New York City Mayor Bill de Blasio, fashioning himself as one of the left's loudest voices on economic causes, appeared in Washington on Tuesday to make two stops on his national tour to tout the need to fight income inequality - one with Sen. Elizabeth Warren, the other to unveil his national liberal political platform - before meeting with President Barack Obama.
De Blasio, a first-term Democrat, unveiled what he has dubbed "The Progressive Agenda" just outside the U.S. Capitol, touting its principles as key stepping stones to cut the gap between the nation's rich and poor.
The 13-point plan is, in part, based on what de Blasio has done in New York, including setting up paid sick leave and universal free pre-kindergarten. But it also has planks far beyond the powers of a big-city mayor, calling for sweeping immigration reform, closing tax loopholes that benefit the rich and opposing trade deal deals that are bad for American workers and the environment.
"Something different is happening. It's a movement from the grass roots. It's an urgent call for change," de Blasio said during a news conference where he was joined by dozens of fellow liberals, including former Vermont Gov. Howard Dean, Connecticut Rep. Rosa DeLauro and civil rights leader the Rev. Al Sharpton.
"It's time to take that energy and crystalize it into an agenda that will make a difference," de Blasio continued. "It's time to put people ahead of profits and value work over wealth."
The coalition of liberals - who said more planks would be added to the platform - is trying to make an impact on the national political conversation and move elected officials and potential candidates to the left on many economic issues.
Earlier in the day, de Blasio joined Warren at an economic forum hosted by the nonprofit Roosevelt Institute, a liberal think tank, and echoed the Massachusetts senator by saying "the system is rigged to benefit those at the top and to leave everybody else behind."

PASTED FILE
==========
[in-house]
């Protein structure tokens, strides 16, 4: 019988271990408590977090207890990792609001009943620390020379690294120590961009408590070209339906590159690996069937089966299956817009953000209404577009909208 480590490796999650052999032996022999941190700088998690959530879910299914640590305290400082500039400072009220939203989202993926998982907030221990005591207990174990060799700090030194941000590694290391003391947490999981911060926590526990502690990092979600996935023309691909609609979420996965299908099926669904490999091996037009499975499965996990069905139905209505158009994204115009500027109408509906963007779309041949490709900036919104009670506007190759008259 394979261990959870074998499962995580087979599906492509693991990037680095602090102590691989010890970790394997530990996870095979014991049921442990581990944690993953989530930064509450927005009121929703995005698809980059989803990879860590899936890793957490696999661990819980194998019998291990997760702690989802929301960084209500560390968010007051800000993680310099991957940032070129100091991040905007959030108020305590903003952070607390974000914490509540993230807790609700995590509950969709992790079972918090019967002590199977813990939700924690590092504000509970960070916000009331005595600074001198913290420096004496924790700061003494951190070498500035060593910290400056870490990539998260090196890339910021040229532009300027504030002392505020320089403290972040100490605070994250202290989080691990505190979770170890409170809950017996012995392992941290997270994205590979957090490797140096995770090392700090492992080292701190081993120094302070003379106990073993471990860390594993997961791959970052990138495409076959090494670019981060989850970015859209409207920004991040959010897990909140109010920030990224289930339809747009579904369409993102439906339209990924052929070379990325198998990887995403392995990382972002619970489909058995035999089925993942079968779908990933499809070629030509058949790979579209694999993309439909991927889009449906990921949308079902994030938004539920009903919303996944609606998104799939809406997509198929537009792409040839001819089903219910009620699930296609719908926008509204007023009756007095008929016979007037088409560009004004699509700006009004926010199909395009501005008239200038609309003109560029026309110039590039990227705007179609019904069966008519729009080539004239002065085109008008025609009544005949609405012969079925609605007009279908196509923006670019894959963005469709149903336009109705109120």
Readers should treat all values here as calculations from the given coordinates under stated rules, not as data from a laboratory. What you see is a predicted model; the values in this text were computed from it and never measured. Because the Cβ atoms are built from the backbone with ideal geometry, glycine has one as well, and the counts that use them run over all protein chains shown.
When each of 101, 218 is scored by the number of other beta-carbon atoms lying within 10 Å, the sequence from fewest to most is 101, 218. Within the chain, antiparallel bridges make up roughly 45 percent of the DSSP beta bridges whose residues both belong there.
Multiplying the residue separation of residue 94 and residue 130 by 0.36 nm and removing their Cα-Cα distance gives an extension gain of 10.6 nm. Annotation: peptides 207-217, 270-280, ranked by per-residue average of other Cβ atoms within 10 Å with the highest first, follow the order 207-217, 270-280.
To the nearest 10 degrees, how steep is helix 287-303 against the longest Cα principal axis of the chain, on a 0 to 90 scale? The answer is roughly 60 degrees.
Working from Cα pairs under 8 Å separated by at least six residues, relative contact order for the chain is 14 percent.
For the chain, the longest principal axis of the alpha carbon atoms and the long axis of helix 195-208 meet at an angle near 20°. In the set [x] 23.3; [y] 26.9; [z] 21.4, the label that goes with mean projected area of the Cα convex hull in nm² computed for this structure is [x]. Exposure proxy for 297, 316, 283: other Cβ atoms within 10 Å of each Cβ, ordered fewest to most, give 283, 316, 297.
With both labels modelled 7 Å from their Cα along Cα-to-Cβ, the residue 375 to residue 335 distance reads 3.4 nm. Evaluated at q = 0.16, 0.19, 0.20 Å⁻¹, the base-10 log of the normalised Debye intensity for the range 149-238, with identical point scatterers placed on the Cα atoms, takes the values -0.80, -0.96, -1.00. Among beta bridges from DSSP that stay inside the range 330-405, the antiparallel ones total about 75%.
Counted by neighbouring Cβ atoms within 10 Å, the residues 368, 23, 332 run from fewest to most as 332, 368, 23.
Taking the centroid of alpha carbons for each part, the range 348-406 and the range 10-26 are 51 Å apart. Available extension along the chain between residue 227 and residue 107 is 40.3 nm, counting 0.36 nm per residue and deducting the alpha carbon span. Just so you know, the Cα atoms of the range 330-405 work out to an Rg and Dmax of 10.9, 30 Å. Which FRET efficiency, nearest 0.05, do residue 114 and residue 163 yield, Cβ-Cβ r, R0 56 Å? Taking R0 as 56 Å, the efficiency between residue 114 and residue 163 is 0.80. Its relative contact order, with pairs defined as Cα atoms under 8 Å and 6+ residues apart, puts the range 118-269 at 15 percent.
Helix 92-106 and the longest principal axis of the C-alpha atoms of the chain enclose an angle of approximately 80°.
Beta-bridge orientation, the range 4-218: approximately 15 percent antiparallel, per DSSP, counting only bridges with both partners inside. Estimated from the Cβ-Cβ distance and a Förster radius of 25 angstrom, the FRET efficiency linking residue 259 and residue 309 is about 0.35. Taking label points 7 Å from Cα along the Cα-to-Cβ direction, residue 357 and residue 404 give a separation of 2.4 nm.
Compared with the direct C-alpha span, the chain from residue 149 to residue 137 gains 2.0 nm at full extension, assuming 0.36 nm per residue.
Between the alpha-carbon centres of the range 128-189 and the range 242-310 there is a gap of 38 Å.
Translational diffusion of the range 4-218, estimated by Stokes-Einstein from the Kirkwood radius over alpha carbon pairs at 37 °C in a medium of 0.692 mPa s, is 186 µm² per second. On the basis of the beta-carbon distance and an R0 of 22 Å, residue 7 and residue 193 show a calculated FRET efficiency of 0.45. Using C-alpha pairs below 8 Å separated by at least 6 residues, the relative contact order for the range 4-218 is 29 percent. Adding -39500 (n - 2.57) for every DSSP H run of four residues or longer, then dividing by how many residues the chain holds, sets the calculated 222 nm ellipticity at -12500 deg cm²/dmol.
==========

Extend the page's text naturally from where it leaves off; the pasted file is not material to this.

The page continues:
He praised Warren's "extraordinary" leadership on economic issues, a comment sure to be parsed by political pundits, considering de Blasio's reluctance to endorse Hillary Rodham Clinton, the 2016 Democratic front-runner for president and someone with whom the mayor has close ties. De Blasio drew some criticism when he said last month that he wanted to see more from Clinton on income inequality before he would officially offer her his support.
Warren has been floated as formidable liberal challenger to Clinton, though she has repeatedly said she is not running.
The mayor wrapped up his day with a White House meeting with Obama. The White House said the two men discussed "a range of issues" as well as Obama's appearance at a Georgetown University poverty summit earlier Tuesday.
De Blasio's speech echoed themes he has hit during his recent travel to Nebraska, Iowa and Wisconsin. After spending Wednesday in Washington as well, he is bound for California, where he will make two more speeches on income inequality.
The surge in travel has prompted some criticism in New York from those who feel he is ignoring the needs of his constituents; de Blasio has made as many trips to the Midwest in 2015 as he has made official visits to the city's borough of Staten Island. But he has insisted that he can help New Yorkers at home by influencing national policies and political conversations.
But New Yorkers seem less sure, according to a poll released as de Blasio began speaking at the Capitol.
A Quinnipiac University poll found that 46 percent of voters believe de Blasio has been distracted by his increased involvement in national politics. And the mayor's overall approval rating was at 44 percent, an all-time low.
The survey had a margin of error of plus or minus 3.2 percentage points. A mayoral spokesman downplayed the poll's findings.
"Polls go up and polls go down, but one thing that is certain and constant is Mayor de Blasio's commitment to combatting income inequality in New York City," spokesman Wiley Norvell said.
Lemire reported from New York.
Copyright 2015 The Associated Press.
JONATHAN LEMIRE,Associated Press